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Let's Be Honest, Dallas's Minority Contracting Mess Didn't Come About by Accident

Let's Be Honest, Dallas's Minority Contracting Mess Didn't Come About by Accident

If you start reading the lead editorial today in The Dallas Morning News, you're going to think at first that the editorial writers have done a good job explaining what has gone wrong with minority subcontracting in Dallas -- a central theme in the ongoing FBI Dallas political corruption probe.

But you will be wrong. The editorial writers have not done a good job. They start out right. Then they fall off the cliff. In the end they do a bad job and a disservice.

The editorial deals with a company owned by a close personal and political associate of southern Dallas County Commissioner John Wiley Price. It explains how the company, Wai-Wize, run by radio personality Willis Johnson, gets lucrative make-work subcontracts allowing general contractors to tick off the minority participation box on their bid proposals.

At the conclusion of the editorial, the newspaper takes its usual noblesse oblige posture by suggesting that the real failure here is of the power structure. The wise men and women of the city's northern hemisphere should have done a better job, the editorial suggests, preventing predictable mischief in the city's rascally southern latitudes:

"But we should not see the mess with Wai-Wize, which also holds contracts with Dallas County, DART, Parkland Memorial Hospital and Dallas/Fort Worth International Airport, as proof that promoting minority businesses is misguided. If it proves anything, it is that elected officials and regulators have done a poor job of holding all parties accountable and making certain the system operates on merit, not politics. That is where the work should begin."

No. No. Folks. That's not what happened. C'mon. It's not that the white power structure looked the other way and allowed Wai-Wize to get a lock on minority subcontracting at public entities in Dallas. The white power structure created Wai-Wize. It made it happen.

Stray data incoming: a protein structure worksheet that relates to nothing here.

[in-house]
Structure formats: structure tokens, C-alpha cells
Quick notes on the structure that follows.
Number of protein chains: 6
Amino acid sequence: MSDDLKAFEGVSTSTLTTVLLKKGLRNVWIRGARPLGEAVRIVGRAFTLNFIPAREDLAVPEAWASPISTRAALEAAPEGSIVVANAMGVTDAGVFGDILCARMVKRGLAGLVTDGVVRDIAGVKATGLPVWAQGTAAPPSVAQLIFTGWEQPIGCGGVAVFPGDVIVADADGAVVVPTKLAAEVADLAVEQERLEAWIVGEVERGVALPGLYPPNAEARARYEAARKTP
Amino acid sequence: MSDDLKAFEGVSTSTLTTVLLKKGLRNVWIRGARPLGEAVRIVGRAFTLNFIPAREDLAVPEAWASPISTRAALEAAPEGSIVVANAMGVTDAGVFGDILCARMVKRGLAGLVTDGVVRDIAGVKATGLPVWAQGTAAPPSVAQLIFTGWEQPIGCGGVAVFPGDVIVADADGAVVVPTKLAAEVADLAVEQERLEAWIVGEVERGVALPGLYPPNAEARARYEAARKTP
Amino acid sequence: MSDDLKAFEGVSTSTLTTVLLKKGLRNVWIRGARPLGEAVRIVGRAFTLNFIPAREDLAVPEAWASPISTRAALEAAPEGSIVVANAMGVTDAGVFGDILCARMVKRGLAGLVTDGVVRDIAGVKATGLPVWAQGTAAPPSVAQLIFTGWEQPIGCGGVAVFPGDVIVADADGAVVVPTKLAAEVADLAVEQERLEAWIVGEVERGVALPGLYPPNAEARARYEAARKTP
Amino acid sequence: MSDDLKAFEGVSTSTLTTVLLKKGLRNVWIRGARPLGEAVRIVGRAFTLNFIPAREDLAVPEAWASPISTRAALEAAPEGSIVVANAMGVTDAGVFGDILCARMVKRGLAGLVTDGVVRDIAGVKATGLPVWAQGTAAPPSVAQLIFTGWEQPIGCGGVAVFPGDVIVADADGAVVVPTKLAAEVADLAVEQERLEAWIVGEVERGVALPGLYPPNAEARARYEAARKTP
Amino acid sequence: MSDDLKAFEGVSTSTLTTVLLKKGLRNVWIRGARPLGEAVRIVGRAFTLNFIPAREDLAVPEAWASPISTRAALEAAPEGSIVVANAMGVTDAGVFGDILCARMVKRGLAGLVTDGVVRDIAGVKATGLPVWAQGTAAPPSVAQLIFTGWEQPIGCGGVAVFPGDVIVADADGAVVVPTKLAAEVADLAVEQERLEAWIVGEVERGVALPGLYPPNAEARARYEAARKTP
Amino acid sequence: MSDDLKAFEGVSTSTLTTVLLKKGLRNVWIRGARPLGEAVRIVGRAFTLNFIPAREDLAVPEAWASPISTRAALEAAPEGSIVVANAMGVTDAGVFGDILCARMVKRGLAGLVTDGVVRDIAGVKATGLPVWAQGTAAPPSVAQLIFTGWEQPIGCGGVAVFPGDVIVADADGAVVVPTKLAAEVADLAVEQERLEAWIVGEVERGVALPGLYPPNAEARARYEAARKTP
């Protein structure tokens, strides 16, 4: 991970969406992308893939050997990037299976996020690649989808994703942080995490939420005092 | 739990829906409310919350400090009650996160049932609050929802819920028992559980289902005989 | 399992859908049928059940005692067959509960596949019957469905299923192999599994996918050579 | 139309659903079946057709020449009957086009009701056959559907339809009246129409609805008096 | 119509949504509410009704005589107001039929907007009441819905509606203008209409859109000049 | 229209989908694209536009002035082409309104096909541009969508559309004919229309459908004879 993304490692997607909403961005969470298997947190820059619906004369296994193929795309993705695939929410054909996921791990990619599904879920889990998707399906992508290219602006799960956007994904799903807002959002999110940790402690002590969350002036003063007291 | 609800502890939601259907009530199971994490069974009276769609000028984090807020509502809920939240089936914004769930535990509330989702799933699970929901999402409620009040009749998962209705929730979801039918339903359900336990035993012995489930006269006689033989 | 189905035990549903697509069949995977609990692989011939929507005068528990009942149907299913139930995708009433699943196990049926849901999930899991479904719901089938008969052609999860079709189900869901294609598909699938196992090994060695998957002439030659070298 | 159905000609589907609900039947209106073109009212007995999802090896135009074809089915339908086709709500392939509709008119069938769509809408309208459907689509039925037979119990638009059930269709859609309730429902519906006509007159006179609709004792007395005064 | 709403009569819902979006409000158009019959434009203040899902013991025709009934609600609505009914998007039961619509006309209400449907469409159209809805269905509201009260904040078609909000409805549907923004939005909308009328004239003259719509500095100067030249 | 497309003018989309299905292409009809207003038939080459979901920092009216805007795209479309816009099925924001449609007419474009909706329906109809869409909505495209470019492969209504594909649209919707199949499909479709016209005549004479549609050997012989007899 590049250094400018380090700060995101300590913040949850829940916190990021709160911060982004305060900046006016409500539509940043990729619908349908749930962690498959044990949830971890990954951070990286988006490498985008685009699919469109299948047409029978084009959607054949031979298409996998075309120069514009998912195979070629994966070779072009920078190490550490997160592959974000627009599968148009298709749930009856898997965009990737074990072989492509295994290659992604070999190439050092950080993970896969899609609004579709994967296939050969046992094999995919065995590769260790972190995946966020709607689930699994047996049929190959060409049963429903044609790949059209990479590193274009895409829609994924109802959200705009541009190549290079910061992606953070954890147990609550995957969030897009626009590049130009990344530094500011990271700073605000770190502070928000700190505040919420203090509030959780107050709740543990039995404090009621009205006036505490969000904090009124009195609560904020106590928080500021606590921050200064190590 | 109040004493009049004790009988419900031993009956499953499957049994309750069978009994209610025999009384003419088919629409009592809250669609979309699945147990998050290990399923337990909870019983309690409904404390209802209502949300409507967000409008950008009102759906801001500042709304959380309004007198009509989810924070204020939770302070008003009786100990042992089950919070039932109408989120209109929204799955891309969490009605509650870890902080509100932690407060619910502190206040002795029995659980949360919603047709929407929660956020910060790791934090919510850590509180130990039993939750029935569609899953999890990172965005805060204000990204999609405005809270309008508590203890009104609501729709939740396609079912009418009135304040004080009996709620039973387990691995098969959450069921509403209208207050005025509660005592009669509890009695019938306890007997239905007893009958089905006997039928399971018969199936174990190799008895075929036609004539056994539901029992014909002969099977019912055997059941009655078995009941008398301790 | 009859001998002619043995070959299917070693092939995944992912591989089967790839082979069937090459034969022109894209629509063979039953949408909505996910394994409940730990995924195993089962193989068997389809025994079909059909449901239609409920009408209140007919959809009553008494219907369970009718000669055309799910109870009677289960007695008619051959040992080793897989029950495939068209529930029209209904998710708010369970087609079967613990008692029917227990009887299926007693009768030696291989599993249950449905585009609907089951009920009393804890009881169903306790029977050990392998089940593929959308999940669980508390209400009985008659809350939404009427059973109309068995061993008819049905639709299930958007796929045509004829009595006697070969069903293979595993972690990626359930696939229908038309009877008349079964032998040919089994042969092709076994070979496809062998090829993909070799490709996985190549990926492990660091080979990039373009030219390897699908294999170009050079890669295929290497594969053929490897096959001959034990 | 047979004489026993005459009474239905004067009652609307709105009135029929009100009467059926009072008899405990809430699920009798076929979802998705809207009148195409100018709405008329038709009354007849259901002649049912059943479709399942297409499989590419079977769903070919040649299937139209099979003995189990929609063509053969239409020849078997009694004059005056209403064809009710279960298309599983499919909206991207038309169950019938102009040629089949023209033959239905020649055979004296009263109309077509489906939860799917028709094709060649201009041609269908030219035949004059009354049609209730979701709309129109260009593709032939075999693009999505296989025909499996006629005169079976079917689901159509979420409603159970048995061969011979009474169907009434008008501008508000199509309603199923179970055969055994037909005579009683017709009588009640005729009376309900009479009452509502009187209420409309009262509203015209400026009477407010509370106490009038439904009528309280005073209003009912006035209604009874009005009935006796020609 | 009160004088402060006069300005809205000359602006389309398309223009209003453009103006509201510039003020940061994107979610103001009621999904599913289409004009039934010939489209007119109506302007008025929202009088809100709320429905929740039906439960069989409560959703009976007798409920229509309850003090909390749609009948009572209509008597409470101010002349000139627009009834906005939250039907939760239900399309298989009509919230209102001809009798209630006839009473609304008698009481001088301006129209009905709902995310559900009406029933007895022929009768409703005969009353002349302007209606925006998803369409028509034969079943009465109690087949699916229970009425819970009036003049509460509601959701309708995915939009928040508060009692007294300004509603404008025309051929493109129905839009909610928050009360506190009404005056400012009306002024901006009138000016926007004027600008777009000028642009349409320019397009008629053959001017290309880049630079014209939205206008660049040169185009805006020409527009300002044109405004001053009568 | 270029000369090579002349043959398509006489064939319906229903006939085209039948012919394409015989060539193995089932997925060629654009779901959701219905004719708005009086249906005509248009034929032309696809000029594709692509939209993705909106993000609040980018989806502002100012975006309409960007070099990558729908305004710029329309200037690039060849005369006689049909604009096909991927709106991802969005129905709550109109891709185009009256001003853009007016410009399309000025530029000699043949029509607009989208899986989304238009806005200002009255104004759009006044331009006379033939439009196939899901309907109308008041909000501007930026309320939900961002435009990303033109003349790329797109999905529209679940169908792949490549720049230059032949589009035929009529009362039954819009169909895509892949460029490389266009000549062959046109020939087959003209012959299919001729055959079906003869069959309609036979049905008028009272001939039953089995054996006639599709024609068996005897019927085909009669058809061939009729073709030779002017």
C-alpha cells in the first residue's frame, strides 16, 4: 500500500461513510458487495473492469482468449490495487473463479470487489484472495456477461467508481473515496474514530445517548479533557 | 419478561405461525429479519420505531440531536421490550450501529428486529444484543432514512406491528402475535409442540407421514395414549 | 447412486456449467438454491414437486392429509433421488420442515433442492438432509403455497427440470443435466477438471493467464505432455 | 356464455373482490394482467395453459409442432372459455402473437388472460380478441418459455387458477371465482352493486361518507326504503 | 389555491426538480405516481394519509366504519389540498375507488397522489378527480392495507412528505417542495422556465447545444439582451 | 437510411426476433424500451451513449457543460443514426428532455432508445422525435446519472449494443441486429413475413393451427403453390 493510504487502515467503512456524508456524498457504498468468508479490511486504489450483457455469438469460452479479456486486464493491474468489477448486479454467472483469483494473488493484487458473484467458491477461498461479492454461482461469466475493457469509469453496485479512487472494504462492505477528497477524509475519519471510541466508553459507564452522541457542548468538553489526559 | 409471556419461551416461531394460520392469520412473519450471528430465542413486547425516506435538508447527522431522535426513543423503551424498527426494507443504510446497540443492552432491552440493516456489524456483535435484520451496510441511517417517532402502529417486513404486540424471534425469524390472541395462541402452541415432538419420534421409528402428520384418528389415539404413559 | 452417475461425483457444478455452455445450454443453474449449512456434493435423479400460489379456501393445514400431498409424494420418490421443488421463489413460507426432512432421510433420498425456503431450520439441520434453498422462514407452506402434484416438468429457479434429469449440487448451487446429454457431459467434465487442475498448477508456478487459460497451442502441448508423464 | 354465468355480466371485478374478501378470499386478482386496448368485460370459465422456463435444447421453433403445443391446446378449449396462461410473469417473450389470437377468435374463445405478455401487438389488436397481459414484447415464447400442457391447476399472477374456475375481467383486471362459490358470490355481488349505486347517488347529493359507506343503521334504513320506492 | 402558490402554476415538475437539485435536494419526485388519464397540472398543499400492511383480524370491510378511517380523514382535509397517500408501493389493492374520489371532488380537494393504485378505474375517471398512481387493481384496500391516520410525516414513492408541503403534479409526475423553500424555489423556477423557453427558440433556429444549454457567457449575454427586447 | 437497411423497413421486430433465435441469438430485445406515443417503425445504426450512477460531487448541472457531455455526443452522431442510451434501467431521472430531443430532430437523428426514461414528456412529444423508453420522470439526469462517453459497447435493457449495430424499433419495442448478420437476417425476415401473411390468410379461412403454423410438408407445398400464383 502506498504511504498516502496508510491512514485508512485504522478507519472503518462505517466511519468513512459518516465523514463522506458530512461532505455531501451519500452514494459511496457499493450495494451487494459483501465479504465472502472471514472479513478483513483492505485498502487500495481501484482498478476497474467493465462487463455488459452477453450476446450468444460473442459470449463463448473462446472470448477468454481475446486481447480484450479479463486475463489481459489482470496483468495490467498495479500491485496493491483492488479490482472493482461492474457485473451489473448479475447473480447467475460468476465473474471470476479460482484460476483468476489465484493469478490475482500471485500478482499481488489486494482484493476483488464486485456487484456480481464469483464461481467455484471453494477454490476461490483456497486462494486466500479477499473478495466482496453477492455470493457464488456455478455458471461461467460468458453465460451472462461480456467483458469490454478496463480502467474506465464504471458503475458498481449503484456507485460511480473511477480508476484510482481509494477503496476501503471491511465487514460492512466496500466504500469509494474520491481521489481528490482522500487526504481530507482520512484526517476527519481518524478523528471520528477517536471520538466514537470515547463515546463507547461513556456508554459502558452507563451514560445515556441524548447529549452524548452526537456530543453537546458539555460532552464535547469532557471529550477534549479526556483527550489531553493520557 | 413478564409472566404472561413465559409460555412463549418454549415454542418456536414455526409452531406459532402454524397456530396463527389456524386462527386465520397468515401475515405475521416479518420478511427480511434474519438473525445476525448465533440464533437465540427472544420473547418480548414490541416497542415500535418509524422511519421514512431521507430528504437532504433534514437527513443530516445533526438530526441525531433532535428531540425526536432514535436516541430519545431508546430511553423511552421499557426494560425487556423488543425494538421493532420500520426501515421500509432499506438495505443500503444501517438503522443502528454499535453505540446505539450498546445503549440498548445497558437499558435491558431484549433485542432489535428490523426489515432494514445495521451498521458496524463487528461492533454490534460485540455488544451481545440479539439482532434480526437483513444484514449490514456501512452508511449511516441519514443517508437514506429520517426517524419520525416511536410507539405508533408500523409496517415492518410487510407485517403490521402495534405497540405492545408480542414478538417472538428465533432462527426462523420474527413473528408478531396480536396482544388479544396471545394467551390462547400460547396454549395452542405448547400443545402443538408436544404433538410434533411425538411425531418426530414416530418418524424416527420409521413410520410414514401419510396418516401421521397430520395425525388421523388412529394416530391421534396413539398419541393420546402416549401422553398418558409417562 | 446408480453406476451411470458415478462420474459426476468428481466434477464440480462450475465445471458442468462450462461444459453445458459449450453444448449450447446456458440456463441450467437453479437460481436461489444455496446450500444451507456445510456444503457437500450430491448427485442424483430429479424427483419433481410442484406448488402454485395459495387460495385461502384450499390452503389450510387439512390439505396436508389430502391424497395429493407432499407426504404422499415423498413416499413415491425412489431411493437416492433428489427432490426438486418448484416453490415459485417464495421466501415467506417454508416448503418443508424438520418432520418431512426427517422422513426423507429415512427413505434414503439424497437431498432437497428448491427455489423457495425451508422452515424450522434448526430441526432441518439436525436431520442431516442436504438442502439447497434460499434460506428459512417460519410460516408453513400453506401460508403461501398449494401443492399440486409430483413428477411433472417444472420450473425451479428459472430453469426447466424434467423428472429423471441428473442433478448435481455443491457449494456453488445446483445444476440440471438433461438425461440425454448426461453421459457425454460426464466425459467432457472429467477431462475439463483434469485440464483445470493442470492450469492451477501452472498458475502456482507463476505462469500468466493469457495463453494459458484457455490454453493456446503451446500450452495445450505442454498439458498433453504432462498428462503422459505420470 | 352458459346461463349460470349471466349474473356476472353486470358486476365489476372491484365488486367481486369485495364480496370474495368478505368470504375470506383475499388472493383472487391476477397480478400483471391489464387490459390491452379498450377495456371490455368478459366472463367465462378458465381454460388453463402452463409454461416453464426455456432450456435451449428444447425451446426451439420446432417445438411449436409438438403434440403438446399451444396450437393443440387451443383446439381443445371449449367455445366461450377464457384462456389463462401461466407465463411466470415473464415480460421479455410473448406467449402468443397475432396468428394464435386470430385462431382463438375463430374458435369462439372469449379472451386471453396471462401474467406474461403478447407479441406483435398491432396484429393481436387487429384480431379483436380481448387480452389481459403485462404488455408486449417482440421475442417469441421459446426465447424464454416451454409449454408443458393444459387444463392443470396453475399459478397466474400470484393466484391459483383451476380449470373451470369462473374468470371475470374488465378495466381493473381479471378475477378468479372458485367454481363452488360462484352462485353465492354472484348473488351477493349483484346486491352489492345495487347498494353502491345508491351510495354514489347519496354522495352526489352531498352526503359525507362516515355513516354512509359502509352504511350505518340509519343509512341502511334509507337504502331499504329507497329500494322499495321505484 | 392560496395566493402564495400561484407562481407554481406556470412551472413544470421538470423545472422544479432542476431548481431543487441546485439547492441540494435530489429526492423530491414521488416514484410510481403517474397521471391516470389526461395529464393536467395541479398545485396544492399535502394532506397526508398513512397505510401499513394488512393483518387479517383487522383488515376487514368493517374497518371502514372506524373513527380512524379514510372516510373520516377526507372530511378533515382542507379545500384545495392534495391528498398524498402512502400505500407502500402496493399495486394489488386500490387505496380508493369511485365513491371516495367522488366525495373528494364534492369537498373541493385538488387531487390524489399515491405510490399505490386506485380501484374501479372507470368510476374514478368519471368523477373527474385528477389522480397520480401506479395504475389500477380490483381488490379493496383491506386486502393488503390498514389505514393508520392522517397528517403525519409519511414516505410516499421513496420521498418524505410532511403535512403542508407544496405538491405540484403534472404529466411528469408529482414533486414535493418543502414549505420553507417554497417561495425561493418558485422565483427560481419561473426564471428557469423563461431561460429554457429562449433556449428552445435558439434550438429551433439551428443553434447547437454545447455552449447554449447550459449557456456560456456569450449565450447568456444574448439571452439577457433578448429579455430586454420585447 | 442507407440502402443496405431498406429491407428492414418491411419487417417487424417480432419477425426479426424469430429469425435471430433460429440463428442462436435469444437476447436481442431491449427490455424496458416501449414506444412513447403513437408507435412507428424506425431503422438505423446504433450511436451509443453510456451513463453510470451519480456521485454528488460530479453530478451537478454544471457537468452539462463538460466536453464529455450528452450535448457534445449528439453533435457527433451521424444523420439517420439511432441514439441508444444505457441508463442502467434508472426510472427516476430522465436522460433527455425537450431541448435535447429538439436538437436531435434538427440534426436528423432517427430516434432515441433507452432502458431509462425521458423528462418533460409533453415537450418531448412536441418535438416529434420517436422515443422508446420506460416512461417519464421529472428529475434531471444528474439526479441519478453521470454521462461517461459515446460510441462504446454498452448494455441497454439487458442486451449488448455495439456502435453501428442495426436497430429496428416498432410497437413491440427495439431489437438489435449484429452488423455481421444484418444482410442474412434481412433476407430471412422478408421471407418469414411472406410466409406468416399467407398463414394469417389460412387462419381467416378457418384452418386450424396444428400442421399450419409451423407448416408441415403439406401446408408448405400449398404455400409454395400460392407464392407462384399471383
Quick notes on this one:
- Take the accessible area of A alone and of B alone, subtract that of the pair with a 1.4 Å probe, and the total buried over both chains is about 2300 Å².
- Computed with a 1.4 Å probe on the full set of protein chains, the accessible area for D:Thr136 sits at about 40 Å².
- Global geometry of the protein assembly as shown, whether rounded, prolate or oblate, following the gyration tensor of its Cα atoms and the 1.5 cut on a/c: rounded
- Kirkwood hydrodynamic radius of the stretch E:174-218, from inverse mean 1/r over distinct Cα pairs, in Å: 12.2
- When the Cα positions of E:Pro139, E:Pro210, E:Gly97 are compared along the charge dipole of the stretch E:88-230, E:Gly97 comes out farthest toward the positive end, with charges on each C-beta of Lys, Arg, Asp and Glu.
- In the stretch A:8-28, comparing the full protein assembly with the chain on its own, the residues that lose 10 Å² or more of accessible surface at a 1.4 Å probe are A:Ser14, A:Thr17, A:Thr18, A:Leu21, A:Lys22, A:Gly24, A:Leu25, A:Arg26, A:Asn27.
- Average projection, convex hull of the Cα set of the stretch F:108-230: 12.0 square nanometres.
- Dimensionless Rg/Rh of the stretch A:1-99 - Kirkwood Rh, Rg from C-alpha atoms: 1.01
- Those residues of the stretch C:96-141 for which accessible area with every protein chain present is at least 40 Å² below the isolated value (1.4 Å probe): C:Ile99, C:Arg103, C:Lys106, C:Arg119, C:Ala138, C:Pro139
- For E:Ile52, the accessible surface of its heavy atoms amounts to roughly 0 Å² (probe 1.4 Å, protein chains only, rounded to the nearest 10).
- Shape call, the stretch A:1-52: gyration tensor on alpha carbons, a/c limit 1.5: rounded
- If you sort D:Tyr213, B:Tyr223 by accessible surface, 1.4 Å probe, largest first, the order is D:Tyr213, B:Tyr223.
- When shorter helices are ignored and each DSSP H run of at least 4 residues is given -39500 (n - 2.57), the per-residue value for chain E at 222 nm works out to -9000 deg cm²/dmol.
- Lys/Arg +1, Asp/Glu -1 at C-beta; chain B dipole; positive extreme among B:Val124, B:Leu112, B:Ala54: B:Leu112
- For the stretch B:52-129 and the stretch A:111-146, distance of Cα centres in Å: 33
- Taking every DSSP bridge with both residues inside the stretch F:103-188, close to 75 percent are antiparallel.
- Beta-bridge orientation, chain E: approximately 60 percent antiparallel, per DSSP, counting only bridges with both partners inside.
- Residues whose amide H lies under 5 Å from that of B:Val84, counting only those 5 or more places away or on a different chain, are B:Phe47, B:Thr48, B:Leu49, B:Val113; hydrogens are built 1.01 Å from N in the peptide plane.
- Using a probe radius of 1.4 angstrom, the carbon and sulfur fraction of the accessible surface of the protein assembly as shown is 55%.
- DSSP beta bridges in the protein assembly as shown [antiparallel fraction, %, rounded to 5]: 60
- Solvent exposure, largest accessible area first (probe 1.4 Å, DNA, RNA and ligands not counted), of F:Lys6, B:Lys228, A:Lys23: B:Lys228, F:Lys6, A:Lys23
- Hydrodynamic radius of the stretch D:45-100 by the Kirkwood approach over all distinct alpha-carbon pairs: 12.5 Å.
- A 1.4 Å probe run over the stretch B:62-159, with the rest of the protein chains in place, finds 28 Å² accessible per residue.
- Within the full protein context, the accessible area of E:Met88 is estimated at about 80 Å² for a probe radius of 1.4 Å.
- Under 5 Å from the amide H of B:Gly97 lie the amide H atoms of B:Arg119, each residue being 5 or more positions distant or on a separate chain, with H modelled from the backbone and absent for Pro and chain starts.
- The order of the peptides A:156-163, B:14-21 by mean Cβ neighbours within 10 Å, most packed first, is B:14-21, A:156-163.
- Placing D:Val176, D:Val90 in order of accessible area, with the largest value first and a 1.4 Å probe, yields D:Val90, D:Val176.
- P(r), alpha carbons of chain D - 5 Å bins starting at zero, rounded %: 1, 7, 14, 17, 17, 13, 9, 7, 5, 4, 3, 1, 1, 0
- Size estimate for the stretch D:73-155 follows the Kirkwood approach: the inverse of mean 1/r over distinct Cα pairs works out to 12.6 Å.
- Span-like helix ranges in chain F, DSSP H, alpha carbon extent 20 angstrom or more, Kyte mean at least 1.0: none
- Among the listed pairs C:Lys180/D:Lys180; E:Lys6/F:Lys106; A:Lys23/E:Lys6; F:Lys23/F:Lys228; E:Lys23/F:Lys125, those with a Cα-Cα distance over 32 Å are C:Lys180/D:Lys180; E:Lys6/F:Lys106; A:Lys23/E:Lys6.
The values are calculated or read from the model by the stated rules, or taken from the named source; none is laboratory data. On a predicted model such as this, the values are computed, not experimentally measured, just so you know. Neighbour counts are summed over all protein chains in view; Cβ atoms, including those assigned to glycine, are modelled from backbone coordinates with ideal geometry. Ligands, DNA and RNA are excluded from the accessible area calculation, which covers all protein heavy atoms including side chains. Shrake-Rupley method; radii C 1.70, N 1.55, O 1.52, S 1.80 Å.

In a series of stories and columns in 2008, the Observer reported specific and detailed arrangements -- a political strategy -- by which former Mayor Tom Leppert elevated Willis Johnson and Wai-Wize to the status of Number One Gatekeeper for all minority subcontracting in Dallas. The arrangement even had a code name, revealed in emails that we published: "The Inner Circle."

One of the events we described was a kind of mini-convention for would-be minority contractors held at the headquarters of the regional transit agency, DART, on a Saturday morning. It was a meet-and-greet. There were hundreds of people there -- eager hopeful minority contractors looking for a way in, as well as representatives of most of DART's general contractors.

The event was run by Johnson. He was introduced by Leppert. Leppert, the mayor of Dallas, had no particular business even appearing at an event that had to do with DART, an agency of which he was not a part. Johnson was a radio host. Who elected him anything? Why wasn't DART running its own event?

The message was clear. Johnson was the man selected by the Leppert/Citizens Council/Downtown Rich White Guy leadership as the gatekeeper for all minority subcontracting. This arrangement received solid support from The Dallas Morning News in both editorial and news columns, especially in its coverage of the Inland Port controversy. Another powerful ally backing the deal was the North Central Texas Council of Governments, which is supposed to supply us with rational planning.

Let's go back to the editorial. The News says " ... elected officials and regulators have done a poor job of holding all parties accountable ... "

Is that the problem? Hell no. The problem is that elected officials, regulators and newspaper editorial pages created this situation. They did it because it worked for them. If we're supposed to rely on the same kind of elected officials, regulators and newspaper editorial pages to clean up the situation, we are truly toast.

This was not and is not and will never be a southern Dallas deal. This is a cross-town deal. It's absurd to suggest that the traditional establishment in Dallas will clean up this mess. They made the mess.

I'm not excusing southern Dallas. It takes two to tango. People are responsible for their own behavior. But let's not excuse North Dallas, either. And let's sure as hell not look to North Dallas to clean anything up.


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